Gerber Armbar Drive Multi-Tool Hands-On Review
Gerber Armbar Drive Gives You the Tools You Need Without the Bulk You Don’t
The Gerber Armbar Drive moves away from multi-tool designs that try to pack as many tools as possible onto one frame and goes with a more minimalist approach. It’s a refreshing design that packs the tools I use most in a much more compact package.
- Compact design that doesn’t take much more room than your EDC knife
- Includes 7 of the most useful tools
- Creative hammer/prybar/bottle opener design
- Under $40
- Needs a belt clip to keep from getting lost in your pocket with your keys and other items
- Bit driver could use a lock
RecommendationThe Gerber Armbar Drive has a length and height that’s more compact than my Gerber Fastball knife with about twice the width. We really like how easy it is to carry in your pocket. To solidify the design, it could use a lock on the bit driver and a belt hook would be nice. Even without those changes, there are a ton of everyday uses for it and with a retail price around $35, it’s pretty easy on your wallet.
Gerber Armbar Drive: Tool-By-Tool
All of the tools on the Gerber Armbar Drive are listed as stainless steel. I haven’t been able to find an exact specification for the blade steel, but it’s acting similarly to the 420HC you find on the Center Drive. You can sharpen it easily, which is great for any knife you might carry in the field. It doesn’t hold its edge as long as other steels, though.
The plain edge blade is 2.5 inches long with a modified sheepsfoot design that has a touch of belly in the middle. Lacking a piercing tip, it’s a reasonable slicing and chopping blade. It’s a solid bet for food prep in the field and cutting across materials. It’s not going to be as much help getting into clamshell packaging or field dressing game, though.
There’s a liner lock to secure the blade and it’s very effective. It slides well past the halfway point of the blade, leaving little risk of failure while you’re working.
You can open the blade with one hand using the thumb hole. However, we find it’s easier to go ahead and use two hands.
Having a compact pocket bit driver is one of the things we’re most excited about on this model. The Center Drive was an excellent design, but its bulk made it uncomfortable to use compared to the screwdrivers we’re used to. Having the slimmer frame makes it much easier to grip and rotate.
The Gerber Armbar Drive comes with a double-sided bit (#2 Phillips and slotted). It holds in place with a magnet in the bit holder and accepts any 1/4-inch hex driver bit. You can put a 2-inch or even extension bit in if you like, but the driver will only fully close if you use a 1-inch bit or don’t store one in there.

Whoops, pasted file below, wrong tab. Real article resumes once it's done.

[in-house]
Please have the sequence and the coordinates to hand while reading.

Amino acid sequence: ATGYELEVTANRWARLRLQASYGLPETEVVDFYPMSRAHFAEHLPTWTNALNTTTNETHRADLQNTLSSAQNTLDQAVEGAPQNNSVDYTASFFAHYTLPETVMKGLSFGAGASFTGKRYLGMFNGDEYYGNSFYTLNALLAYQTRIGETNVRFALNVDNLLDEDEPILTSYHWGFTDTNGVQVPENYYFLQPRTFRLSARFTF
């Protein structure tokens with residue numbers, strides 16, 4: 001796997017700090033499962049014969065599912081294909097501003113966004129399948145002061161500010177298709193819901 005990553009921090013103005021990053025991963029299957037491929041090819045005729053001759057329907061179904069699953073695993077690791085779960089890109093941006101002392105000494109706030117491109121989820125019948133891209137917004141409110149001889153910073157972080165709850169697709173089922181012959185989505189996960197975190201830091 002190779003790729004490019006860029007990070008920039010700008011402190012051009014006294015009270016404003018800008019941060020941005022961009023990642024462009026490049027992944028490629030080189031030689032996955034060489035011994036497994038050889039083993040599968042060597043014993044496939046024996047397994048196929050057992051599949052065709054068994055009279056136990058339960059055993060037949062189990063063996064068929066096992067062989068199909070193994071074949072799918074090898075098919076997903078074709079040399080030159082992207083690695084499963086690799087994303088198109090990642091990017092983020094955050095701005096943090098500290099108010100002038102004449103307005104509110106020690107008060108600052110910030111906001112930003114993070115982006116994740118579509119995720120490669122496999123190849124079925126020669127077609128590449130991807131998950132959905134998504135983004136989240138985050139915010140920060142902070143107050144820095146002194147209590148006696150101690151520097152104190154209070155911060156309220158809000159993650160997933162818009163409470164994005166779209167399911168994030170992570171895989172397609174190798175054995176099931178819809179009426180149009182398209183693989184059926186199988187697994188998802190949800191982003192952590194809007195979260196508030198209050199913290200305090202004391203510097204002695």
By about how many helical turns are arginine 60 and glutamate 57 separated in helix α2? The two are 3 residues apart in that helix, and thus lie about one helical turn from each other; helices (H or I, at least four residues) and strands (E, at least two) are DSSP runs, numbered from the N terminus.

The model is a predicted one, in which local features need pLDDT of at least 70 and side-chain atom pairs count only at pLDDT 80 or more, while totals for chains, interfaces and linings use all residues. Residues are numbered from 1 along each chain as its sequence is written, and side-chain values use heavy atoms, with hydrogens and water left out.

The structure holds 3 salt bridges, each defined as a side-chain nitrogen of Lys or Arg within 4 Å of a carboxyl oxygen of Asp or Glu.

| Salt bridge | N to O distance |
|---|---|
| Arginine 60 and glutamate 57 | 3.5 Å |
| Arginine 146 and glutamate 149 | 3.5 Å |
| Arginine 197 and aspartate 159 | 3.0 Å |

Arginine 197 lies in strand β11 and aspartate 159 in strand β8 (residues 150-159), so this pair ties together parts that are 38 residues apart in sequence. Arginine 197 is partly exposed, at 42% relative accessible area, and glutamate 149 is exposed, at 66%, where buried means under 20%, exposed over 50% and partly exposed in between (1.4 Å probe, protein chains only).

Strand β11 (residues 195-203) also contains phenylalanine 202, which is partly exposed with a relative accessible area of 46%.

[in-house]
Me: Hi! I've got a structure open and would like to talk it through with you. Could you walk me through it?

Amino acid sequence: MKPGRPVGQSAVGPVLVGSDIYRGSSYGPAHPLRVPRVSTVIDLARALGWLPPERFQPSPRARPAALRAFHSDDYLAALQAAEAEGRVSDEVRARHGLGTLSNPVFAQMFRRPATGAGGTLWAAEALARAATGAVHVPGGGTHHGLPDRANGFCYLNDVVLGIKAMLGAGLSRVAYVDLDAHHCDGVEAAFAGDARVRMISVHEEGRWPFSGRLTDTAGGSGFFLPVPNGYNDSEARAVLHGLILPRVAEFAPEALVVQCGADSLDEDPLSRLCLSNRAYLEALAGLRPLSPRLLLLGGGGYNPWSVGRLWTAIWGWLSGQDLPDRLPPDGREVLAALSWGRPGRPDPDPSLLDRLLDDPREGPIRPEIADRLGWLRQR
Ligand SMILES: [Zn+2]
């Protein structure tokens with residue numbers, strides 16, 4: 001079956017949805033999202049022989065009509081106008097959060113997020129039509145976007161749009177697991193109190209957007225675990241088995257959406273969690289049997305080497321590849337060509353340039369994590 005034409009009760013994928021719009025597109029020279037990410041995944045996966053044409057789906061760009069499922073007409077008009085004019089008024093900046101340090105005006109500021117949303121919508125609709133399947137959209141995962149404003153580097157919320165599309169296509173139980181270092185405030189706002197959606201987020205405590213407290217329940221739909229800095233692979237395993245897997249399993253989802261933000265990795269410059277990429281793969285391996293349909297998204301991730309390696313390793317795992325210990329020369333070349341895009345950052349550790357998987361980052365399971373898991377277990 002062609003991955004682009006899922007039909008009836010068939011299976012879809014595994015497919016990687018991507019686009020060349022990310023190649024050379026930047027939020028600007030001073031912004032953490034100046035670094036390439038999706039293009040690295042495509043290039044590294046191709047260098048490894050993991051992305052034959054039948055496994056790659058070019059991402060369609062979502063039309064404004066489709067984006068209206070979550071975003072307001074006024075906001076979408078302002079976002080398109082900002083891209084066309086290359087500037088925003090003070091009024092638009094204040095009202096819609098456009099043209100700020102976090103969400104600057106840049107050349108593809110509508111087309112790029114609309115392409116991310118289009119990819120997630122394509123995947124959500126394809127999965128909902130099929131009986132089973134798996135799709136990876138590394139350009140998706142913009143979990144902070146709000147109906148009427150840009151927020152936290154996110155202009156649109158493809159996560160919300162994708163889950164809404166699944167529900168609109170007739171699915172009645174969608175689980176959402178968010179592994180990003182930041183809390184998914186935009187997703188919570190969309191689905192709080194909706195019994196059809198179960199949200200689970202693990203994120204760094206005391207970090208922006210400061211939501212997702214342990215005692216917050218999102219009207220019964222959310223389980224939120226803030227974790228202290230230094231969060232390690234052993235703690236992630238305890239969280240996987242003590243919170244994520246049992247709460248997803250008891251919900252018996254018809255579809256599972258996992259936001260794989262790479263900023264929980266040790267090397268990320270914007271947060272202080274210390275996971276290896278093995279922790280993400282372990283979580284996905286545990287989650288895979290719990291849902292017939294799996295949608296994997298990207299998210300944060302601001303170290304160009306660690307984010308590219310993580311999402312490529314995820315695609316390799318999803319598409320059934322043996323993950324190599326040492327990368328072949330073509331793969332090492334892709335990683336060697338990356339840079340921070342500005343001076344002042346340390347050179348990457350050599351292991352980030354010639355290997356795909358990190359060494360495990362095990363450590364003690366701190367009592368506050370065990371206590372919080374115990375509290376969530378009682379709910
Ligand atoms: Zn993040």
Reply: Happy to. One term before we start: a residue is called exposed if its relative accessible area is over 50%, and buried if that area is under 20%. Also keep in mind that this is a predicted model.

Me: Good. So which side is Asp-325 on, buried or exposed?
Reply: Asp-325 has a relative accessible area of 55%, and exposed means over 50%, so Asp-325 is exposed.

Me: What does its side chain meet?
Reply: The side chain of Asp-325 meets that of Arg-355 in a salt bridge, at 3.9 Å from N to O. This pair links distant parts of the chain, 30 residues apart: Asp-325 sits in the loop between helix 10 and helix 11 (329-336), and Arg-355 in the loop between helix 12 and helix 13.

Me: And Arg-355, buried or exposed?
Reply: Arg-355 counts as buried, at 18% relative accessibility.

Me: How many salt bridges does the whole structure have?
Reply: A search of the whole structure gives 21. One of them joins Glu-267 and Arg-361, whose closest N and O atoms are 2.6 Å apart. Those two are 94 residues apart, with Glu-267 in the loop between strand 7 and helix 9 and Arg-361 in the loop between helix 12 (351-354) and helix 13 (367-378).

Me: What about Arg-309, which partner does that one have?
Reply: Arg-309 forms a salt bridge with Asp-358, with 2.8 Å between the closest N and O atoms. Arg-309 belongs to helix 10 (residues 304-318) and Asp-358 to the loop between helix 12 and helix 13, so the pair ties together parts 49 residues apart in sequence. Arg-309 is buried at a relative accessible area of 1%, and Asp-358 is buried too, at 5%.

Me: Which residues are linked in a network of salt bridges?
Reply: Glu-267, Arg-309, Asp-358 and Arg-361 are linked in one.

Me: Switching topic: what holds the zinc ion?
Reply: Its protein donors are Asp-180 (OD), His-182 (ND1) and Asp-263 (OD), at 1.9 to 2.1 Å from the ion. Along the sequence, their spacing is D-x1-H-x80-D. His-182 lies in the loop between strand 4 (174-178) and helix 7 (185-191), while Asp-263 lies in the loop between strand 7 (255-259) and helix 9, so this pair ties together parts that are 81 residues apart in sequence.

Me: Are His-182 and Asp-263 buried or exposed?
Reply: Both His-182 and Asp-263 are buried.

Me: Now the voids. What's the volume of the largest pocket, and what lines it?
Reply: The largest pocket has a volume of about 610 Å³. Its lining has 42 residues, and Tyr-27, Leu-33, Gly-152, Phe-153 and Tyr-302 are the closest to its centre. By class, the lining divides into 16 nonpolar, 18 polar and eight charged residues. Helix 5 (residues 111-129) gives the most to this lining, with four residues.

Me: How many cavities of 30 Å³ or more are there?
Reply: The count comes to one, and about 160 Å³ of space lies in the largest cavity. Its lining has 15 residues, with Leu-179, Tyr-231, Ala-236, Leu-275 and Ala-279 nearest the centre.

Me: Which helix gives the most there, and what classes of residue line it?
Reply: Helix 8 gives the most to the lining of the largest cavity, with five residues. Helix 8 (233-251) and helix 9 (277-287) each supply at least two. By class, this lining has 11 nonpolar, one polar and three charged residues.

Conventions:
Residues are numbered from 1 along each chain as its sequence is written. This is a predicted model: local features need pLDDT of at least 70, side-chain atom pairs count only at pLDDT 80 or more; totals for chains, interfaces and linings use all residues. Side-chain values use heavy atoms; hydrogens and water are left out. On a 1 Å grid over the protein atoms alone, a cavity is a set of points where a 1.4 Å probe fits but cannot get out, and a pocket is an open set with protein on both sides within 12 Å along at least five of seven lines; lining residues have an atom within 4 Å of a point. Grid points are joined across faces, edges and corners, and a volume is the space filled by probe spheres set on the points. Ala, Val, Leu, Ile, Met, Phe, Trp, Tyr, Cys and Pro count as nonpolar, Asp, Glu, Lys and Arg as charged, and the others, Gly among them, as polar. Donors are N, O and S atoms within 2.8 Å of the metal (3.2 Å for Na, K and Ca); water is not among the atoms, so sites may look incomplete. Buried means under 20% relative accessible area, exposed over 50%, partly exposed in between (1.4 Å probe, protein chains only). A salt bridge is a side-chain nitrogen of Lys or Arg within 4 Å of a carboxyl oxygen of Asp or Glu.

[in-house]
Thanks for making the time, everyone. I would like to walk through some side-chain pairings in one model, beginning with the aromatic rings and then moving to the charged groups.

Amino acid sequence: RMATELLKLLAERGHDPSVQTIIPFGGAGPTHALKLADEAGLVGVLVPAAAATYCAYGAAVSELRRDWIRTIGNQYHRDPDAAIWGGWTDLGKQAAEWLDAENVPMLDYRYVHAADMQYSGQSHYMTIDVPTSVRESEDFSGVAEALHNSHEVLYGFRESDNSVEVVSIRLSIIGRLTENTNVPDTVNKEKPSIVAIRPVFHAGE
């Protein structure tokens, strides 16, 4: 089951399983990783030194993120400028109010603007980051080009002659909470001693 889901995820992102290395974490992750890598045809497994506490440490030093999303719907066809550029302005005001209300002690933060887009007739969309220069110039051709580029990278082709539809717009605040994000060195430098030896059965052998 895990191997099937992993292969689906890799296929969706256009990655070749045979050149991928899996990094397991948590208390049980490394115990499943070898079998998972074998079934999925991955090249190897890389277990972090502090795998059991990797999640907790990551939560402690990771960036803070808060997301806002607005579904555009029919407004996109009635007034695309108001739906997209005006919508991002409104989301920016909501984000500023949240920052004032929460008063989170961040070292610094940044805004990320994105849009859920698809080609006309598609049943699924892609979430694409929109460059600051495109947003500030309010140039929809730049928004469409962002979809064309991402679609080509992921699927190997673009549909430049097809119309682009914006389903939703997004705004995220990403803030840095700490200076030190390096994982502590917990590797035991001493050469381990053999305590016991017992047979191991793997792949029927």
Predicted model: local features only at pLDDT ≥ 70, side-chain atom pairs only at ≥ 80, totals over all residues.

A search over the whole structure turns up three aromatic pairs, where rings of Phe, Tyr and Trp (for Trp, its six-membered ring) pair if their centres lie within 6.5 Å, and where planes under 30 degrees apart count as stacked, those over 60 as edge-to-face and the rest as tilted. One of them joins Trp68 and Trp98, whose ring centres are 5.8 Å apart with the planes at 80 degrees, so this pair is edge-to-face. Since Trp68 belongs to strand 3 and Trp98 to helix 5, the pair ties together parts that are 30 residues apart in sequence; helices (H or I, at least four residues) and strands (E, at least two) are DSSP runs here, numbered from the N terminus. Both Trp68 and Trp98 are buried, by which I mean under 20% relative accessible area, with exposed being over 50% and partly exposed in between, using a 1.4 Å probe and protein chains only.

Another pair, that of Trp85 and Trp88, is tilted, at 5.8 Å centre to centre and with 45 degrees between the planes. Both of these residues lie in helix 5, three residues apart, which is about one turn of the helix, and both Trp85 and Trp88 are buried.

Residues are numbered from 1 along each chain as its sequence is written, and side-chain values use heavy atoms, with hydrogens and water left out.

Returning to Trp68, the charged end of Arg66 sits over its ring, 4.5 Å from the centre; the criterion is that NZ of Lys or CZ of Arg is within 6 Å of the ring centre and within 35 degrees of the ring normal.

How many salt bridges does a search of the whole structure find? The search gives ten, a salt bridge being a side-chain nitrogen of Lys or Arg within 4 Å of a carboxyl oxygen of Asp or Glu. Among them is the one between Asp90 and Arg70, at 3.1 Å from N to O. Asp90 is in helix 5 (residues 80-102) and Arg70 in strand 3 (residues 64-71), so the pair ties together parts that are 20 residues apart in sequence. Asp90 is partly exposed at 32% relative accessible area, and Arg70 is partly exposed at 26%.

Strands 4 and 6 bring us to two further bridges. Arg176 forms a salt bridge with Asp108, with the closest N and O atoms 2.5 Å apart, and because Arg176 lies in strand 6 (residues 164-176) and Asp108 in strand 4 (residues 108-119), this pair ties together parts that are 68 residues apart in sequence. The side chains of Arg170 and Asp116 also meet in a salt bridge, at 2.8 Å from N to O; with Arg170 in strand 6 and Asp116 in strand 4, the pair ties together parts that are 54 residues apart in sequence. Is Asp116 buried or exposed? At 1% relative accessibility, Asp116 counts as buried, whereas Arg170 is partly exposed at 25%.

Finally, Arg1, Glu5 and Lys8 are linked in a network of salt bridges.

The downside is that there’s no lock for the driver. As you rotate the tool around, you inevitably cause it to fold down as the torque increases. It’s not a complete deal-breaker, though. I find that turning the driver 90º against the frame and using more like a T-handle driver lets me apply more torque and is more effective at keeping the bit engaged.
Pry Bar, Bottle Opener, and Hammer
The base of the Gerber Armbar drive acts as a small hammer. It’s not something you’re going to finish off framing nails with. You can do a reasonable job closing up a paint can or driving tent stakes, though.
Flipping the hammer out to where it snaps in place, you expose a combination of a pry bar and bottle opener. The pry bar is a hidden gem on the tool, helping us open paint cans, prying up staples, and all kinds of other things we’re normally tempted to risk our knife edges on.
Of course, the bottle opener is welcome around 5:00.
Overall, the flip-out design of this end makes it a really effective part of the tool.
The scissors depart from traditional multi-tool designs a bit. Rather than closing together when you fold it into the frame, this one spreads apart. It sounds counterintuitive and possibly dangerous, but the edges aren’t exposed once you swing them around.
There’s a tab on the moving end to help push against the spring that is a nice touch. It gives your thumb a bit of a break while allowing you to put a bit more pressure into the cut when you need it. Compared to other multi-tool scissors, it’s a nice upgrade.
Not to be missed, the all-important awl is hiding between scissors and bit driver. It’s on the smaller side, but still effective if you need to punch an extra hole in your belt on the fly.
The Gerber Armbar Drive has an MSRP of $39.00 and you can find it for a few dollars less than that online. It’s available with the orange accents we tested, Onyx, or Urban Blue colors.
There’s also an Armbar Cork that swaps out some tools in favor of being able to open wine bottles for the same price.
The Bottom Line
The Gerber Armbar Drive has a length and height that’s more compact than my Gerber Fastball knife with about twice the width. We really like how easy it is to carry in your pocket. To solidify the design, it could use a lock on the bit driver and a belt hook would be nice. Even without those changes, there are a ton of everyday uses for it and with a retail price around $35, it’s pretty easy on your wallet.Get it on Amazon